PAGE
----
The Sip's Erica Davis Talks Inspiration, Supporting Black-Owned Wines & 'Take A Sip, Give A Sip'
The best thing about discovering something new is the thrill of tapping into your inner explorer and sharing the new unearthed find with friends. It’s that exciting feeling you get from experiencing something new that makes Oakland, California-based sparkling wine subscription company, The Sip, an excellent concept. The Black women-owned and founded service was inspired by two friends and their appreciation for a girl’s night – which for Erica Davis and Catherine Carter consisted of catch-up time with a glass of bubbly.
Friends since college, Davis and Carter set out to start The Sip because it became increasingly difficult to find a Champagne they hadn’t experienced. Davis adds, “Once we found one, it was even harder to figure out how to purchase it. So, we really tried to find a go-to for Champagne and sparkling wine, and when we didn't find one existed, we just created it ourselves.” So, in January 2020, the two started The Sip.
The Sip concept goes beyond two friends searching for rare or hard-to-find bottles of sparkling wine. Davis and Carter also saw the need to help other women discover what they like and don’t like without wasting money on a wine they don’t enjoy. “Just bringing it back to why the creation of it and why it matters and why it's been so successful, I think as a woman, and more specifically, as a Black woman and brown woman, you think about how alcohol markets to you. It's in a very specific and deliberate way. There are these expectations that we like [drinks] pink or sweet, and it might be true for some women, but it isn't for everyone,” Davis states. “For us, it's really about making a safe space where we'd rather have her figure that out for herself, and because of that our product has evolved as well.” So, while The Sip offers a bi-monthly subscription, they also have a one-time purchase of curated boxes and full-size bottles. Furthermore, each box includes credits toward full-size bottles on the site, so subscribers get to taste the wines, find their favorites, then purchase those full bottles from The Sip.
This year, The Sip plans to support even more Black and brown wine producers. Davis says, “When you think of The Sip, we offer more than a regular grocery store would. We carry not only legacy brands that you already know – so the Ace of Spades, Louis Roederer, Cristal, and all these names – but we also involve other Black-owned brands as well. So, Wachira Wines in California, and B. Stuyvesant, which I believe is one of the very few Black women-owned champagne brands in the U.S. and other smaller houses that you may not know.” Often, the BIPOC and women-owned brands on The Sip out-sell the legacy brands, showing that people are eager to taste new flavors and support brands outside the grocery store aisles.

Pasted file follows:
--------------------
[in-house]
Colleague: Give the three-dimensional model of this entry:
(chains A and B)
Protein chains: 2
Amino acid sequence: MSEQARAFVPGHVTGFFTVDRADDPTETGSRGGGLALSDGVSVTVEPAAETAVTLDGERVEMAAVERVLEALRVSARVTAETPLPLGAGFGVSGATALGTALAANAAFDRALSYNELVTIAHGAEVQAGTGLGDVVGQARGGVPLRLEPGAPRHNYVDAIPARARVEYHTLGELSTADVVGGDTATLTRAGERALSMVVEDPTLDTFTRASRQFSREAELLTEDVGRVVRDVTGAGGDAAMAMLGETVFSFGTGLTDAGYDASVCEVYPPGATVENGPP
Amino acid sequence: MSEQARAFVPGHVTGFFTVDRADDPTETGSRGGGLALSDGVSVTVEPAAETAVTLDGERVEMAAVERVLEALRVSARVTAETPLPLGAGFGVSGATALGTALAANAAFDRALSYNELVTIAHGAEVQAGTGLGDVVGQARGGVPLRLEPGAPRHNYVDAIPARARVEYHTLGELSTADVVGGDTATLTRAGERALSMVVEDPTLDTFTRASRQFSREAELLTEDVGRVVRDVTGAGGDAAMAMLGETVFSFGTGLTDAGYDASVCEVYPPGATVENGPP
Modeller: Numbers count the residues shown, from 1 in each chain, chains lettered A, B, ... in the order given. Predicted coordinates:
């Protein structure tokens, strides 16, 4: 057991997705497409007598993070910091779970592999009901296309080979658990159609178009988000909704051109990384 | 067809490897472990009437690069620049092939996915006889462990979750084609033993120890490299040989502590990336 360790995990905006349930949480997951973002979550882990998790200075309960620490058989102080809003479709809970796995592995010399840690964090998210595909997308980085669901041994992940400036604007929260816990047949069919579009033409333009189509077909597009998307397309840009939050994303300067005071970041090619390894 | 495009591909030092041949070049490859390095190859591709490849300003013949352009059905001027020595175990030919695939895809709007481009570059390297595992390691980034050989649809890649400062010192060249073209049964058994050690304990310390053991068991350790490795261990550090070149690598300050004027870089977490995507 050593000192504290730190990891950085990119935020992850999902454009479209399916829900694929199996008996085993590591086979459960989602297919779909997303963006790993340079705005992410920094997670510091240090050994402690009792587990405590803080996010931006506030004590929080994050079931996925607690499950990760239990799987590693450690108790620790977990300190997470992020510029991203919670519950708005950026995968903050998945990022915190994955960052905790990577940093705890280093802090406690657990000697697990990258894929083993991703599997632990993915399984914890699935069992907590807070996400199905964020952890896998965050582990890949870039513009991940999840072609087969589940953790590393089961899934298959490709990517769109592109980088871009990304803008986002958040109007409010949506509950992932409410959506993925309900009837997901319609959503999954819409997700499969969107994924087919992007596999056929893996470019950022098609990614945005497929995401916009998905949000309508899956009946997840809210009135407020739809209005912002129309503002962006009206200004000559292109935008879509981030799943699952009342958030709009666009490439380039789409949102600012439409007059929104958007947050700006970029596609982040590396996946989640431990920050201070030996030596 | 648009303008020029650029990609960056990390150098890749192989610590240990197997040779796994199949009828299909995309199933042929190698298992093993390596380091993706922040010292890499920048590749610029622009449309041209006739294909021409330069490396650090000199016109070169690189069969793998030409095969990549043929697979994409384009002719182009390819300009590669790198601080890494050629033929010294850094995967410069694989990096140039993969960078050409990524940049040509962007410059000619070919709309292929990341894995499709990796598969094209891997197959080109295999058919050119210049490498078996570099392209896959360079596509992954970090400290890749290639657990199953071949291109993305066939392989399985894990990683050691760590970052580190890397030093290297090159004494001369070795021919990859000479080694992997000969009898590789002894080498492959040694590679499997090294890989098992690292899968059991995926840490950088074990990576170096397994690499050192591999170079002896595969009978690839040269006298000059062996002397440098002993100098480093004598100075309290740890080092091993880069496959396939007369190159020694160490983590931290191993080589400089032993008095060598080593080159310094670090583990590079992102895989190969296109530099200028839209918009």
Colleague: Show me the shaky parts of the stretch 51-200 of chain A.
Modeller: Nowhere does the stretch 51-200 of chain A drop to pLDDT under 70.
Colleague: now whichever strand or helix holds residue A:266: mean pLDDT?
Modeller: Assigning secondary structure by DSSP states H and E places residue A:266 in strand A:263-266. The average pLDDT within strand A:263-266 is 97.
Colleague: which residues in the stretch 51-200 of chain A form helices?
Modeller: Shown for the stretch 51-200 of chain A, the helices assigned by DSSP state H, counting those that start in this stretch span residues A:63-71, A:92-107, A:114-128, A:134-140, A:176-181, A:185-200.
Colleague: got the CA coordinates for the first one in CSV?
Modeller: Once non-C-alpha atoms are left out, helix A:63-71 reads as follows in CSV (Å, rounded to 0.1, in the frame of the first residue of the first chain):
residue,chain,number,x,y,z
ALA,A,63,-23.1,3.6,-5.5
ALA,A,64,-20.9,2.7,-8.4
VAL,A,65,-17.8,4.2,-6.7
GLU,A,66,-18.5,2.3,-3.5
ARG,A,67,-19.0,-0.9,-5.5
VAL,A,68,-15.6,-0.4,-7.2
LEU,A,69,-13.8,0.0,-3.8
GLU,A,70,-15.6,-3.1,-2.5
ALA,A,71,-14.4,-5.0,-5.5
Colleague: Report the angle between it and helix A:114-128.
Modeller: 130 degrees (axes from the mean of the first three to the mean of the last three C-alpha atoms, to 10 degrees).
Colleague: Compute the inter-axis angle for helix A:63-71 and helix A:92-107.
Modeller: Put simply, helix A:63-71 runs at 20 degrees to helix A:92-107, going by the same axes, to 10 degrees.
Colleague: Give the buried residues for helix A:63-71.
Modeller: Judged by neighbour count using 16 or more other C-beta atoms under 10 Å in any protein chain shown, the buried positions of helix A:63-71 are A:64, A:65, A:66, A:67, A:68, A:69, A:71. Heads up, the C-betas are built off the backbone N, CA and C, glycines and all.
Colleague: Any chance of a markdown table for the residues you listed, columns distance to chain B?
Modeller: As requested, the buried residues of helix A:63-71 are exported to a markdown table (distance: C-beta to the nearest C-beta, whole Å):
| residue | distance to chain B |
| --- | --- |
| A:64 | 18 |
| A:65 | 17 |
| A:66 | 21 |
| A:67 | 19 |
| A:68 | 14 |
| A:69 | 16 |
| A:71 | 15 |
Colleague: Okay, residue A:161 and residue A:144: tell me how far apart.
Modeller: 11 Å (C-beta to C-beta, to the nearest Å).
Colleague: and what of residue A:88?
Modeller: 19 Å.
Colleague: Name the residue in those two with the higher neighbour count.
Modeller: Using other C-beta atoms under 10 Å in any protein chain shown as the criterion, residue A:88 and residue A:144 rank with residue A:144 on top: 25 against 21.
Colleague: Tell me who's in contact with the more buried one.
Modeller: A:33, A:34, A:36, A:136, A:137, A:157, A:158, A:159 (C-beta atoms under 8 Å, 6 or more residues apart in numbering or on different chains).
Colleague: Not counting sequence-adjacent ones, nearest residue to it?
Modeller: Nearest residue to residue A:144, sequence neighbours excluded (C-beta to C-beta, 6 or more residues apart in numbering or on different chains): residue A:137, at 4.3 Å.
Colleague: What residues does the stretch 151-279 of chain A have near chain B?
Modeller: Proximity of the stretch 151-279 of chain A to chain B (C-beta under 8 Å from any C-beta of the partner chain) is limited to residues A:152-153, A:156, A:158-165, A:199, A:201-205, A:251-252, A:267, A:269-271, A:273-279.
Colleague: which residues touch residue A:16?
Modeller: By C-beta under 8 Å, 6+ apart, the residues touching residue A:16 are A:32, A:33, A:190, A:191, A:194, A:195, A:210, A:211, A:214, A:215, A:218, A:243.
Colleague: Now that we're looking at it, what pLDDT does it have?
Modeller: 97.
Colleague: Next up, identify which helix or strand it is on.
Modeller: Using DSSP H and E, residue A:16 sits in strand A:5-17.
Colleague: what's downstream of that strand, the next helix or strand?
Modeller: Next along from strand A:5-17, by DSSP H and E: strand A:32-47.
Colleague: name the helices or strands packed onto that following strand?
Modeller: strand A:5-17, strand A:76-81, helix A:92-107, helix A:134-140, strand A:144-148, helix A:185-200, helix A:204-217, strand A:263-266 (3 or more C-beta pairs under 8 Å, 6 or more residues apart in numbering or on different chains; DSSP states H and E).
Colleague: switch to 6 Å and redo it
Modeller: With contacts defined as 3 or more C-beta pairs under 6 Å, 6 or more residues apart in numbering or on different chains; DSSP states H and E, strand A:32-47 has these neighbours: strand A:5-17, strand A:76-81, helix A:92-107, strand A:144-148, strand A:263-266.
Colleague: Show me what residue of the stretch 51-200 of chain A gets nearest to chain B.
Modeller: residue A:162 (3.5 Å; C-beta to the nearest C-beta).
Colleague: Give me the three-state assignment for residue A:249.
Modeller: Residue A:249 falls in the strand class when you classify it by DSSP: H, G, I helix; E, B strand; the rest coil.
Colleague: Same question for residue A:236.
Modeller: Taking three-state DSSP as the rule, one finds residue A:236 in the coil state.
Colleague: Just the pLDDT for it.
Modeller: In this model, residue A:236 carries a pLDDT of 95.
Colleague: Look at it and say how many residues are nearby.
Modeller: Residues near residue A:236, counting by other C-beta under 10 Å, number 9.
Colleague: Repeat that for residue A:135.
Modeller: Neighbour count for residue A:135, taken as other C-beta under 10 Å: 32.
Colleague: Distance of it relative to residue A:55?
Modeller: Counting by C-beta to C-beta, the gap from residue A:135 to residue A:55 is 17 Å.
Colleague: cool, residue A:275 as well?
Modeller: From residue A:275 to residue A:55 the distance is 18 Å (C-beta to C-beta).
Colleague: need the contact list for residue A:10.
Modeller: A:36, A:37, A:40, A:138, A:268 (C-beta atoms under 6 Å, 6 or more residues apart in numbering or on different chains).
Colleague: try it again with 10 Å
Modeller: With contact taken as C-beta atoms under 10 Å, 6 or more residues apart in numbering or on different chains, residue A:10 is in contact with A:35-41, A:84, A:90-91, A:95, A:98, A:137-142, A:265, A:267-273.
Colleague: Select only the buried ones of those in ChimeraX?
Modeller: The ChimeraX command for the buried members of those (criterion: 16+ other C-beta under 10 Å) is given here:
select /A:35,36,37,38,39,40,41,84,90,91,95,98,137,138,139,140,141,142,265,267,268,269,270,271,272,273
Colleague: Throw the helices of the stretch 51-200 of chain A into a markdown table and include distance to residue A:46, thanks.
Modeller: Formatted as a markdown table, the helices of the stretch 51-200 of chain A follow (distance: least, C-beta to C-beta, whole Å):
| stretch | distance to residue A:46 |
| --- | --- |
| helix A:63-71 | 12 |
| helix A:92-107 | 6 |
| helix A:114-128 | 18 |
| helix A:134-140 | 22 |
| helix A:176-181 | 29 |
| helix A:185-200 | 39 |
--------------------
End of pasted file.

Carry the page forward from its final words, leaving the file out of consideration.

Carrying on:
In addition to curating a delicious sparkling wine experience, the company pays it forward to their Oakland hometown through the Take a Sip, Give a Sip initiative. Davis says, “When we originally started thinking about this business, before we even put pen to paper, it was really important for us that we were giving back to the city that gave us so much. We went to high school here. We grew up with our friendships here. Our families are here. So, we wanted to make it the foundation.” So, every product, whether a full-size bottle of wine or a curated box, gives 16 ounces of clean water to East Oakland Community Project (EOCP), a multi-service organization offering emergency help for transitioning families in Alameda County. The Sip has donated over 4,000 gallons since its launch. “It was really important for us that we help families. The good thing about EOCP is that it helps a spectrum of people. It helps women, children, and men. It helps them go from homelessness to homeownership. So, for us, it was really important to be able to help an organization that was doing so much fundamentally and systematically for Black and brown people.” Later this year, Take a Sip, Give a Sip will expand to benefit an additional location outside of solely donating to EOCP.
The driving force behind The Sip’s ethos is a blend of Davis and Carter’s awareness of their influence as founders and their love of family. Davis states, “It’s one thing for you to say you want a job in a position to make an impact and it's another to get that job in that position. Not to sound cliché, but with power comes responsibility. So, for me, understanding that there are people who actually depend on me for their livelihood is motivation enough and it makes me feel like I have to get up and I have to grind, and I have to work harder.” Davis also cites her and Carter’s daughters as motivators. “My mom is an entrepreneur, and my grandmother was an entrepreneur. So, for me seeing that, as a Black woman in the U.S. and not thinking that it was unattainable is in itself enough for me to keep going for my child.”